Talk to any responsible parent and they’ll explain the power of saying “no”. A capitulating “yes” might well avoid a child’s tantrum at the time, but saying “no” is better long-term because it creates boundaries, enables children to tolerate disappointment and reinforces control. In short, saying “no” is often a good thing. So why do we so singularly fail to say “no” at work to adults who are much more intellectually capable of understanding and accepting it?

Like most things, the answer lies deep within our psyche. The automatic “yes” in us is the part that wants to shows ourselves as being a ‘good person.’ “Yes” is less awkward than saying “no”. It also feels more constructive. Even when people do say “no”, they’re much more likely to say “yes” the next time – the so-called ‘second-ask effect’ – because they feel the need to assuage themselves of the guilt they felt previously.

Of course in a work context, this is not clever at all. Taking on everyone else’s tasks or diverting time to accommodate someone else’s work simply because of a desire not to offend is a recipe for resentment. But things don’t have to be like this.

Saying “no” can actually help your co-workers

Saying “no” doesn’t have to be difficult. It’s an eminently learnable and self-reinforcing skill. If saying “yes” is about avoiding guilt, then saying “no” is about letting other people know your needs and what resources you need to meet them – and why not accommodating their needs actually helps them.

The best people say “no” by actually saying “yes” – although there’s a subtle difference. For instance: “Yes, I can take your extra work, but it means my current project will take longer. Is this okay?” Not only does this type of response depersonalise the request, but it gives power back to the person asking it because they can decide what is most important to them.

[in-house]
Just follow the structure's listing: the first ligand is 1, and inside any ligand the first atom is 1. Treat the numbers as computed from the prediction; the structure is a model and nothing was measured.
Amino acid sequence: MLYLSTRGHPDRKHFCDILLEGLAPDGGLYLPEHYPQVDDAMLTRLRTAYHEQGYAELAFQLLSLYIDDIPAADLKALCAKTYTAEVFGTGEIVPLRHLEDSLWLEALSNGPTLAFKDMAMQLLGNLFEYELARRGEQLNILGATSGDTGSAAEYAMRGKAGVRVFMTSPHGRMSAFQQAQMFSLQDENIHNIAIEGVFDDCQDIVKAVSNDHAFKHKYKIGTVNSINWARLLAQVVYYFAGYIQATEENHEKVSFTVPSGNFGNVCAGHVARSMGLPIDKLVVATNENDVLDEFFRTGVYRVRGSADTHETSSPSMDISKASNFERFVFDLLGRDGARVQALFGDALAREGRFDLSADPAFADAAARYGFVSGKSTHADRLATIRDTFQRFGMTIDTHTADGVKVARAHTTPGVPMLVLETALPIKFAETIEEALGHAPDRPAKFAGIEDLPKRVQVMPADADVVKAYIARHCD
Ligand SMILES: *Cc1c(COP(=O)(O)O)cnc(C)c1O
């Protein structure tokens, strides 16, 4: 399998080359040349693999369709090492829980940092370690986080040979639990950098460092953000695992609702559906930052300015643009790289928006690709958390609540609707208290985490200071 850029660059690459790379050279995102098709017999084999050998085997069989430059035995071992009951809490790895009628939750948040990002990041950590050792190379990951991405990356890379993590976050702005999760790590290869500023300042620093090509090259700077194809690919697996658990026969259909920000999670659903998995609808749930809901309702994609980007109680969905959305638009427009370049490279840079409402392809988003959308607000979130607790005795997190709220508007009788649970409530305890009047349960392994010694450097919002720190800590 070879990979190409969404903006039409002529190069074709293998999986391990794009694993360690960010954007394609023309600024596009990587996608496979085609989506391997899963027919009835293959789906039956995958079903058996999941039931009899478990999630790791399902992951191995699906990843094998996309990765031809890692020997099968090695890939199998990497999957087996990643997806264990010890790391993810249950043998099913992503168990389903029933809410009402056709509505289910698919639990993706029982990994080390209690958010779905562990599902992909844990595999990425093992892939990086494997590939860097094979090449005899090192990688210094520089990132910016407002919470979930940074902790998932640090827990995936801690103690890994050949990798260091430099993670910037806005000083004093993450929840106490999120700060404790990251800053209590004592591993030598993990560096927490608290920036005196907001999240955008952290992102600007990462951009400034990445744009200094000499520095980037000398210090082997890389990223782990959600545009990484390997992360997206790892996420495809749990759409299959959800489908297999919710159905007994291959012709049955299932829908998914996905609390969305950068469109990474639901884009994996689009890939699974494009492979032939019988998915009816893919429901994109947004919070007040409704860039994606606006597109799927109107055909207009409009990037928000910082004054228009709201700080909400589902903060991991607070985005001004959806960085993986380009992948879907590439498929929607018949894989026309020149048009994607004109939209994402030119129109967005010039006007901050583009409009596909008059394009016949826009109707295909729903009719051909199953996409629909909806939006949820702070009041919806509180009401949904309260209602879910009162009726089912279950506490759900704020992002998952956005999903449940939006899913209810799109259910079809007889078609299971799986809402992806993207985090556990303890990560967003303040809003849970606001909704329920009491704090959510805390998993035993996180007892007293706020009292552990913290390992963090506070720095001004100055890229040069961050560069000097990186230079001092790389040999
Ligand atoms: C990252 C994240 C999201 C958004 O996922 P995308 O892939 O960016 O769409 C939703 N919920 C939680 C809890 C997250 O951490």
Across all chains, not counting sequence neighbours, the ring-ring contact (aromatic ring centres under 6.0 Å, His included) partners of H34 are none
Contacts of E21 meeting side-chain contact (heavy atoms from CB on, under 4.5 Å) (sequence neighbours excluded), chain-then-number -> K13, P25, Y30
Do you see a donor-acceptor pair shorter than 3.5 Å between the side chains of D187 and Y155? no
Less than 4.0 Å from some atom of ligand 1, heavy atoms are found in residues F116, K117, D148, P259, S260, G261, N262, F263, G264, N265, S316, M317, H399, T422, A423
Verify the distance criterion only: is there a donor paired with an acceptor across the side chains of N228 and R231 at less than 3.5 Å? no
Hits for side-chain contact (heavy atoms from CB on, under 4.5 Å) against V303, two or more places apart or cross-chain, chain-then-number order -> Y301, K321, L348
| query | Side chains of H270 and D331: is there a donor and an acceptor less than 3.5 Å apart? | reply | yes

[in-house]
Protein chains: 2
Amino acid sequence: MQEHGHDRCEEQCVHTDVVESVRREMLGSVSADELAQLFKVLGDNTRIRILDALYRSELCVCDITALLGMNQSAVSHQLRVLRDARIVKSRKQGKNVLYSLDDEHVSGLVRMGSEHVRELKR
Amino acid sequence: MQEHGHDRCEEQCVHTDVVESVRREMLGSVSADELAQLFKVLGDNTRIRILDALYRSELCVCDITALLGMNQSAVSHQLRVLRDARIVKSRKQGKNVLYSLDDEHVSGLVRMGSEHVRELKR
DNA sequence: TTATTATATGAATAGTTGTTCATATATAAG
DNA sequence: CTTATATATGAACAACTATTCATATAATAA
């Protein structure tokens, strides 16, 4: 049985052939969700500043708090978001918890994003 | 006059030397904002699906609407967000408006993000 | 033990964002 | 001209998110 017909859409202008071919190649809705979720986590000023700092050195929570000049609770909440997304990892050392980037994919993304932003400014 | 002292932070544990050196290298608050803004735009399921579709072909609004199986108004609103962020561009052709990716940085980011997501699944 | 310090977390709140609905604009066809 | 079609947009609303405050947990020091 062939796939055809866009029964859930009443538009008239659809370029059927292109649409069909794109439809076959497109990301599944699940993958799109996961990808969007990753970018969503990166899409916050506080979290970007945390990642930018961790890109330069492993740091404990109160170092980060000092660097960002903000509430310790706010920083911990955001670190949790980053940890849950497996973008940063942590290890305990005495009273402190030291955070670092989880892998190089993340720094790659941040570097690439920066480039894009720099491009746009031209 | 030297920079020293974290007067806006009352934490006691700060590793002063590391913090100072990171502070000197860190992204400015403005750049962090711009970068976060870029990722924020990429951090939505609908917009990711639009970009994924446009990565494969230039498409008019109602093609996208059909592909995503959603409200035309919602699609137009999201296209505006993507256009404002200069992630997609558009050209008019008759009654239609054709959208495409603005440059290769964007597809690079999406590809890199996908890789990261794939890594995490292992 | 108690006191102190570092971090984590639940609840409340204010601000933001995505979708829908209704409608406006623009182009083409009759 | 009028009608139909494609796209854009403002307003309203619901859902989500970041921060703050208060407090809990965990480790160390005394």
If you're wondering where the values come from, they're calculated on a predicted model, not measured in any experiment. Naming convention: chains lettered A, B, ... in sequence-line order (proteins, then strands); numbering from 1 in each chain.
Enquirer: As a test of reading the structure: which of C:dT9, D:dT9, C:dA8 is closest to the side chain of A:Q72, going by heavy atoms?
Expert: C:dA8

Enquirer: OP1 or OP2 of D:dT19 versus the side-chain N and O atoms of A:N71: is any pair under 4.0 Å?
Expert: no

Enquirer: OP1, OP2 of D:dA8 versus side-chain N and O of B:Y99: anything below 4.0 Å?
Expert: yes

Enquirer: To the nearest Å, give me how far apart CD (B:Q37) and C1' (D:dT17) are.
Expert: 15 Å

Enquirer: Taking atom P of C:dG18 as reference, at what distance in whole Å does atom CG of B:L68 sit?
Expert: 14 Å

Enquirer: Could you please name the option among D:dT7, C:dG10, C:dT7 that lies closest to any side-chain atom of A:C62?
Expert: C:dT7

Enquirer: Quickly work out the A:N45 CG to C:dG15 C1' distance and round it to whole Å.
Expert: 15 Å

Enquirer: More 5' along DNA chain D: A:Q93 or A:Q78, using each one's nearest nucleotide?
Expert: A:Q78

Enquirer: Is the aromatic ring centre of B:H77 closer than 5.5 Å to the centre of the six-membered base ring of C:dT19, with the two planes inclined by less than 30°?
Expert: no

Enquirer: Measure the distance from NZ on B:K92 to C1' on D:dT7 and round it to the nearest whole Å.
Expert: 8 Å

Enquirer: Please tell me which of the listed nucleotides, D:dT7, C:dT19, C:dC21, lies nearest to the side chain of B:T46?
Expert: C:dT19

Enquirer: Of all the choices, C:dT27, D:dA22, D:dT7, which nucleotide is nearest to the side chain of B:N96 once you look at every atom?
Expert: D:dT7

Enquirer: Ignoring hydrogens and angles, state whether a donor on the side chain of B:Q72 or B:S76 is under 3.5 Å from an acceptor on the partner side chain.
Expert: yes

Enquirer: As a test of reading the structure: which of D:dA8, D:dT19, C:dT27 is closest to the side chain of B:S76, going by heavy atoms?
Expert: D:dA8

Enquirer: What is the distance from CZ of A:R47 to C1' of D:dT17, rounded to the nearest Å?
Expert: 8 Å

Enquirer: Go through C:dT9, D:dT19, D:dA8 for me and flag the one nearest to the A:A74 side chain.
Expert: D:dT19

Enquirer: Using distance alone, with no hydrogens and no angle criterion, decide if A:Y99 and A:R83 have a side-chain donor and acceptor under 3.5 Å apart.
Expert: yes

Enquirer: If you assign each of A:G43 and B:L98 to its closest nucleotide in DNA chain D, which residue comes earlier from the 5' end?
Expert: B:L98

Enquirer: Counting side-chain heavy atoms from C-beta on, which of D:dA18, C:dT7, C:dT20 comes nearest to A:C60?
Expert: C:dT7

Replying “no” is acceptable when it’s used for reaffirming authority – for example, “Sorry, this is not my job. It’s for you to do.” Or for the important task of delegating – for example, “I think that task would be better given to someone else for their own self-development.”

Both of these responses work because each time “no” is a strategic, rather than reactive, response, which means it’s unlikely to be taken the wrong way. As research by Stanford University’s Daniel Newark reveals, most people actually overestimate the likelihood they’ll be rejected when asking for things – he found people think they need to ask 10 people before they’ll get a “yes” when actually they only need to ask six. This is a powerful fact to know. Given it’s more than likely a “no” will be expected, delivering a cogent, well-reasoned “no” doesn’t have to feel onerous.

Practice makes perfect

But there are things you can do to make this easy. Saying “no” to colleagues should always be a face-to-face experience. Reaction needs judging, while emails can be misconstrued. The best “no” is a short one – explained, but not overly so.

It may not feel comfortable saying “no”, but it does get better the more it is said (for the right reasons, of course). A “no” can simply be explained by company policy (“It’s not allowed here.”), which depersonalises the answer even further. But even if a “no” does require judgement, as long as it appears fair, it can rarely be challenged.

Of course, we’d all love to say “yes” more often. British comedian Danny Wallace wrote Yes Man about how saying “yes” instead of “no” to every request of him enhanced his life. But saying “no” is a no-brainer when it’s needed. Stick to the rules and it doesn’t have to be the difficult experience you think it might be.